Halloween Pet Costumes

Halloween costumes for our pets can be cute, but they can also pose a few hazards.

Allergies/irritants: You have to be careful of the types of material used in the pet costume, or what the costume was possibly washed in. Certain fabrics and laundry detergents can cause irritation to your pet’s sensitive skin. They could be abrasive against their bellies, cause a rash, or cause itching of the abdomen, face, legs, or paws.

Loose or dangling pieces: With detailed costumes, there may be dangling parts like eight bouncing legs if you put a spider costume on your Shih Tzu, bells only held by a flimsy piece of string, bows, fake tails, feathers, etc. But these items could potentially be things your pet trips over, or tries to chew off and swallow. This would cause risk of choking. Or, if your pet does ingest a piece of its costume, could lead to a costly visit to the vet for x-rays and possible surgery for an obstruction. You also don’t want anything on your pet that they could strangle themselves on – this is why emergency break-away collars are good for cats because they can squish themselves into small spaces and why harnesses are a safer idea than collars for dog breeds like English Bulldogs or Dachshunds.

Restrictive costumes (or, It’s Too Tight!): This goes along with potential strangulation. You don’t want a costume that is too tight around your pet’s body. Watch out for pesky elastics or adhesives that are holding a costume together. These items can also pinch and pull out fur – ouch!

You also do not want to obstruct your pet’s vision (like with masks or head pieces) or potentially restrict breathing (you should probably not put anything that covers your Bulldog’s face).

Not to mention, if a costume is too restrictive or limits a pet’s mobility, this is very uncomfortable to an animal and can cause anxiety.

It’s important to recognize your pet’s anxiety cues, and not just for Halloween: panting, ears back, yawning, aggression, tail tucked, urination or defecation in the house, vocalization (like excessive meowing or barking), pacing, drooling, destructive behavior, decreased appetite, trembling, excessive grooming, hiding. Stress can then trigger health issues for your furry friend like diarrhea, immune suppressant response, and idiopathic cystitis among other problems.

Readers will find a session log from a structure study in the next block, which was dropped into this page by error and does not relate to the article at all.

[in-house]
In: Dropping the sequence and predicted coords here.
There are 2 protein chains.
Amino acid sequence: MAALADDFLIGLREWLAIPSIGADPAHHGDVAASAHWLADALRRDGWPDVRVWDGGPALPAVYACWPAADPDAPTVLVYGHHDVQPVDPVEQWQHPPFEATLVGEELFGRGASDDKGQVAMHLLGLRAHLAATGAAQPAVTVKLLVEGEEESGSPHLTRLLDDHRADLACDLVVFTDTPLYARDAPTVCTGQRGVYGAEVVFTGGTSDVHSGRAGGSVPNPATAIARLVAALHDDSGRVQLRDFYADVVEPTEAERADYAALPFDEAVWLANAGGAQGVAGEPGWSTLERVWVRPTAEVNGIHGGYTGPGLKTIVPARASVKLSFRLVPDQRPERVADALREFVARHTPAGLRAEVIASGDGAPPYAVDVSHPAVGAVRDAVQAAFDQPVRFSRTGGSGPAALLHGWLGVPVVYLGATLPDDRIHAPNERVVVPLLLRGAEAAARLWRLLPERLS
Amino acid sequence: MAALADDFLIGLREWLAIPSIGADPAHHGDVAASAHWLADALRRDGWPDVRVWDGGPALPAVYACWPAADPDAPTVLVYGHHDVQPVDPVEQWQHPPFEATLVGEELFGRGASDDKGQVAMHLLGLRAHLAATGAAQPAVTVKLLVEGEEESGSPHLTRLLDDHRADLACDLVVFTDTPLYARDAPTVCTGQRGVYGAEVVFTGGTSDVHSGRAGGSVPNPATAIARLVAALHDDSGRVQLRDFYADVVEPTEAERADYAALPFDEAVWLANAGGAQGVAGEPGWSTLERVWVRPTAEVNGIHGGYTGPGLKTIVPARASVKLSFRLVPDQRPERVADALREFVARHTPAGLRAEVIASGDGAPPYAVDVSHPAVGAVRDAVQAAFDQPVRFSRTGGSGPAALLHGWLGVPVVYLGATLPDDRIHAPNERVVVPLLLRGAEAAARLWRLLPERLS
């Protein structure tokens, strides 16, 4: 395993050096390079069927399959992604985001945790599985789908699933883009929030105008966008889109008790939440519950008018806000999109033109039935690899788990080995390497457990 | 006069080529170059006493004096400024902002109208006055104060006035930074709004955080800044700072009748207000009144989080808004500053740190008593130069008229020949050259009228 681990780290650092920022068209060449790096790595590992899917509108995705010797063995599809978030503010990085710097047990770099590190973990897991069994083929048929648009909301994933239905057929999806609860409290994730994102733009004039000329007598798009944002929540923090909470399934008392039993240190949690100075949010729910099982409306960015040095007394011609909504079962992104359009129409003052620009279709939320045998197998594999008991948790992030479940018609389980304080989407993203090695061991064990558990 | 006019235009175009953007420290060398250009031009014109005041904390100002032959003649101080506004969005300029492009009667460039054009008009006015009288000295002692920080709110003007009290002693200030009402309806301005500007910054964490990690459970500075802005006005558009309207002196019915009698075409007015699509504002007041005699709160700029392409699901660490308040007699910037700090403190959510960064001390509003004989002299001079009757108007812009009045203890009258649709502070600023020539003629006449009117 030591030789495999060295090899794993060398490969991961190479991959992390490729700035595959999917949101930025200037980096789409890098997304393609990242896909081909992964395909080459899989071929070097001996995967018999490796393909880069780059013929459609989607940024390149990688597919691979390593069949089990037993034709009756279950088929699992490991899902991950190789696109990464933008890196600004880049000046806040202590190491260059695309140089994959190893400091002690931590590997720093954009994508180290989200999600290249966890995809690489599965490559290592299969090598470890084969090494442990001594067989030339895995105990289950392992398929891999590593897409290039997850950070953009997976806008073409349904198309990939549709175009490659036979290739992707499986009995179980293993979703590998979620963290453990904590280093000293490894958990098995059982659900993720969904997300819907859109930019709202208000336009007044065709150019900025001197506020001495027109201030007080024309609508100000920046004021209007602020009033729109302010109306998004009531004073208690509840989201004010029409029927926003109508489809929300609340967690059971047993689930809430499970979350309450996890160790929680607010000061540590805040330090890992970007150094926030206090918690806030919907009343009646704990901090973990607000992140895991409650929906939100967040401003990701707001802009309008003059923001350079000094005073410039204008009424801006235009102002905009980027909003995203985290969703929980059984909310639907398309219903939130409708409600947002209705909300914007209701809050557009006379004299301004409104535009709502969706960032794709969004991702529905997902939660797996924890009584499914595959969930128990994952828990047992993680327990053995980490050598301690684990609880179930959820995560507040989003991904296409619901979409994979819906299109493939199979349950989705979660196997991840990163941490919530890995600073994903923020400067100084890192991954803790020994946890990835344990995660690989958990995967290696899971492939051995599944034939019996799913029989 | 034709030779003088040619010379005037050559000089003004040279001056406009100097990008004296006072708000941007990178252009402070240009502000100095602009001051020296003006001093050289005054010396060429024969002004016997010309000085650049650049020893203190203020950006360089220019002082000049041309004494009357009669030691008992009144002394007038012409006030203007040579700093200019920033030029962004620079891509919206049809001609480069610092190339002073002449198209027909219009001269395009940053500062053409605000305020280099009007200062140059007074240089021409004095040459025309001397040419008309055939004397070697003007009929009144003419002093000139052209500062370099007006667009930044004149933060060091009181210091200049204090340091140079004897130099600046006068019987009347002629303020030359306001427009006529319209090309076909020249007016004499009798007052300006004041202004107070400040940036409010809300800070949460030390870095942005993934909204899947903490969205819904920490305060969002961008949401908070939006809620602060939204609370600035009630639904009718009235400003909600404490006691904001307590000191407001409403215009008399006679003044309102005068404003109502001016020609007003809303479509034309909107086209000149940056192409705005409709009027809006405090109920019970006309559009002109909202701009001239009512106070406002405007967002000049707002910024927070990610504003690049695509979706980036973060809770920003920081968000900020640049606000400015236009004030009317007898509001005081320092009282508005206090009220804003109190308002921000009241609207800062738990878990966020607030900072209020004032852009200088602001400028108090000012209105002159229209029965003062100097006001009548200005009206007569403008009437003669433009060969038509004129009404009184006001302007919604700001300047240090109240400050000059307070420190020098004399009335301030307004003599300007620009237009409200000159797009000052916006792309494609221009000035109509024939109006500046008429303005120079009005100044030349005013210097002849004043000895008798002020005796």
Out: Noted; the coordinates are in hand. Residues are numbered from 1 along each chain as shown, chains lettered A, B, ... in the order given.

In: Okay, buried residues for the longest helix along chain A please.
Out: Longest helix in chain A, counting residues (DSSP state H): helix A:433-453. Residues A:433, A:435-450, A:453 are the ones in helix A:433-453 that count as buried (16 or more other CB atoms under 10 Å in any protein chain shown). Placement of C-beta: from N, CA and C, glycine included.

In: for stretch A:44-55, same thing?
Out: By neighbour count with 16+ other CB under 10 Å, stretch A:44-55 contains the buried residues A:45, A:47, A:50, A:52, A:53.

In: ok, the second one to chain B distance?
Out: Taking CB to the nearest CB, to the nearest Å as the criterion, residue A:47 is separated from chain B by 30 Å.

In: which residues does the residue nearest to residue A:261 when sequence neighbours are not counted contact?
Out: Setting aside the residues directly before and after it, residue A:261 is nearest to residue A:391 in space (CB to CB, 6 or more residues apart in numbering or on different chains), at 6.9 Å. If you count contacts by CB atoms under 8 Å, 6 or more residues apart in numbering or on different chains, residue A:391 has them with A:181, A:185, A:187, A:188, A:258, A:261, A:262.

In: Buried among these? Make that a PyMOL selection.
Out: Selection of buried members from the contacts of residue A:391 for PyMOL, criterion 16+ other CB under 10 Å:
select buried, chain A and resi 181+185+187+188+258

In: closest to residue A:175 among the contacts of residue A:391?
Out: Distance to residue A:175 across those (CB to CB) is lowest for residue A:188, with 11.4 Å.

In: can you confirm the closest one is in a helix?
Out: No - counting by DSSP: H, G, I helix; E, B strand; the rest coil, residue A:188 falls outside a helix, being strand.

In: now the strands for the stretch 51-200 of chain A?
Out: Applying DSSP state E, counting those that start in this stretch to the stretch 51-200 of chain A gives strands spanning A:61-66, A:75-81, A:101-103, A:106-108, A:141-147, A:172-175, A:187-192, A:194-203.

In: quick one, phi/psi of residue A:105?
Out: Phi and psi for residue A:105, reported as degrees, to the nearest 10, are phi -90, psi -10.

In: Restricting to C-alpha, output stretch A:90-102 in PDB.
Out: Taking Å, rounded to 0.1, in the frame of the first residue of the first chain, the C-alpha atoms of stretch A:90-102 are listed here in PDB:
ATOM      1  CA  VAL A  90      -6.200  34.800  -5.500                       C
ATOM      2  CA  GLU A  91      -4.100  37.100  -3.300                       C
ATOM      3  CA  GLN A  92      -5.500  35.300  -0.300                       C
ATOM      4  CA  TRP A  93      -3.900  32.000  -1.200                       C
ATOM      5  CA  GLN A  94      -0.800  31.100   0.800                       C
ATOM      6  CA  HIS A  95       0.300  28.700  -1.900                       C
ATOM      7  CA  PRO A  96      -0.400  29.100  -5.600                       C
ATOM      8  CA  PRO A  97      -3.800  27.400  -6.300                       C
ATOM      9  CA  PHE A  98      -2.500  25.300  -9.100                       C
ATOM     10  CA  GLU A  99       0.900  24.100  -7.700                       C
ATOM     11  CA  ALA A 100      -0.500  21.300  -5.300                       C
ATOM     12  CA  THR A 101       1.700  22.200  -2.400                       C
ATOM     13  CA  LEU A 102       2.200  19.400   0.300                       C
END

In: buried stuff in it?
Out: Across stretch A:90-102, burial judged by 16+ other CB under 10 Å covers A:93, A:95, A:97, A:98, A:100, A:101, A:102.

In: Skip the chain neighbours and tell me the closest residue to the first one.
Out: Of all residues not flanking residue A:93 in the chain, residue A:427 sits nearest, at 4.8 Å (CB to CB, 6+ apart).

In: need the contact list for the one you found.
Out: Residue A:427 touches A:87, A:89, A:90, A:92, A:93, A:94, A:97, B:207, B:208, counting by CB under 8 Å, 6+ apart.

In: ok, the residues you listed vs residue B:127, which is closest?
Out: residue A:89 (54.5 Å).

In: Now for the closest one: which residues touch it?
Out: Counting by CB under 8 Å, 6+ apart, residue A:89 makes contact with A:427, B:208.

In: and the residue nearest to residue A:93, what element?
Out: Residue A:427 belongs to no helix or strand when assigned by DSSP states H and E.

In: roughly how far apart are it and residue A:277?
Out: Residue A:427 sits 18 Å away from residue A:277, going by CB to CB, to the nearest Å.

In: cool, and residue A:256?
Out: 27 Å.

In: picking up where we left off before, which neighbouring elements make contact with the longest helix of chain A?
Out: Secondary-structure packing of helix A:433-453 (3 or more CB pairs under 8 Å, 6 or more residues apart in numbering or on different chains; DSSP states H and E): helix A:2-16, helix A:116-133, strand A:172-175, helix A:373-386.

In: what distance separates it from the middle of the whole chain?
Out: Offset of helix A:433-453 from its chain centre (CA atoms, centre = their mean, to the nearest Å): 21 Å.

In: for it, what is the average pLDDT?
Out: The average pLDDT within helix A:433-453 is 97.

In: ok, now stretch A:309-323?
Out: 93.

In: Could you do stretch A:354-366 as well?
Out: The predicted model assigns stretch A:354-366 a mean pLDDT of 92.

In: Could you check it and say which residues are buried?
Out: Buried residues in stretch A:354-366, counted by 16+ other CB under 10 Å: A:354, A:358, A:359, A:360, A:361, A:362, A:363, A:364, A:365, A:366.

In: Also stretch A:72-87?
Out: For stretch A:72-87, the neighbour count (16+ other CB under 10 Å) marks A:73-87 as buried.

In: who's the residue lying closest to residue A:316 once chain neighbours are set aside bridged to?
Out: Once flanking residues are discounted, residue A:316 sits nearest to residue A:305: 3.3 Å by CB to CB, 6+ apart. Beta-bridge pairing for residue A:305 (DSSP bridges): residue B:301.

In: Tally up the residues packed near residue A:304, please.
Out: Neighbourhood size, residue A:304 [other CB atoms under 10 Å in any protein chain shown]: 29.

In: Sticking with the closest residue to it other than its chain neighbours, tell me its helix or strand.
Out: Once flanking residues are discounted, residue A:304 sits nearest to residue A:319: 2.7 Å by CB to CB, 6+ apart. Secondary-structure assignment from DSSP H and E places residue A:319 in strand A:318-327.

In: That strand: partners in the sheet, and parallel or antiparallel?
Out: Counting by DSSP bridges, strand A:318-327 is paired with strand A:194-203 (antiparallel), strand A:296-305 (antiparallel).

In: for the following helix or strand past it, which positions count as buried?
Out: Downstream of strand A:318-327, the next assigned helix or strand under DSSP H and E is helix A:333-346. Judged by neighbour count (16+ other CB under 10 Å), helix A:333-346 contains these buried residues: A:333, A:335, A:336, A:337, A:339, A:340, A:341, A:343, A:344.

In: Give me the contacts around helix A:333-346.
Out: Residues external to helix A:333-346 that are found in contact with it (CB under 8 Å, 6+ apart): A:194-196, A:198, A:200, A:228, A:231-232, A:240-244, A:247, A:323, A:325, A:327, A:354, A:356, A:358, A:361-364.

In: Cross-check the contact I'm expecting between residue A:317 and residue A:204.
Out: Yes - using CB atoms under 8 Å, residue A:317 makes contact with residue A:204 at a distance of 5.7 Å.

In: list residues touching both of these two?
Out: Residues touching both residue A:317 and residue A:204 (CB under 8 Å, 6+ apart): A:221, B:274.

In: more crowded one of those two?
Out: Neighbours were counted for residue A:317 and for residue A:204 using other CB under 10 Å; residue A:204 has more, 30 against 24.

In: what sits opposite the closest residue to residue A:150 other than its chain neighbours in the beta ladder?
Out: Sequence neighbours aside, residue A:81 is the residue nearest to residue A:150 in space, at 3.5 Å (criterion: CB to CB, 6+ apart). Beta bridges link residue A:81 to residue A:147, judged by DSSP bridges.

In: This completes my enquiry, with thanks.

A warning about taking your pet in his or her costume outdoors among the trick-or-treaters: Halloween night entails loud excited children, possible traffic sounds, other unusual and/or loud noises, and potentially hazardous Halloween decorations. And if your pet gets spooked, they may run away. It is probably a good idea to make sure your pet is microchipped, has visible contact information on their collar, or even invest in a tracking device that you can attach to their collar or harness. Or better yet, if you know your pet doesn’t have the temperament for a loud, chaotic environment, leave them home in a comfortable calming room.

Do not ever leave an animal by itself while in a costume (and it’s probably not a good idea to leave your pet alone outside during Halloween anyway). There is the potential for an increase in pet abductions on Halloween. And let’s not forget those of us who are pet parents to black cats. Halloween brings out spooky tales of folk lore and superstitions, and there will always be cruel people. This is why some animal shelters do not adopt out their black cats on or around Halloween, for the cats’ safety.

This should be an enjoyable time for both of you, not scary or stressful. So before you pull out the sewing kit or go to Petsmart to pick out a cute pet costume, remember to keep in mind what is safe and comfortable for your furry friend.

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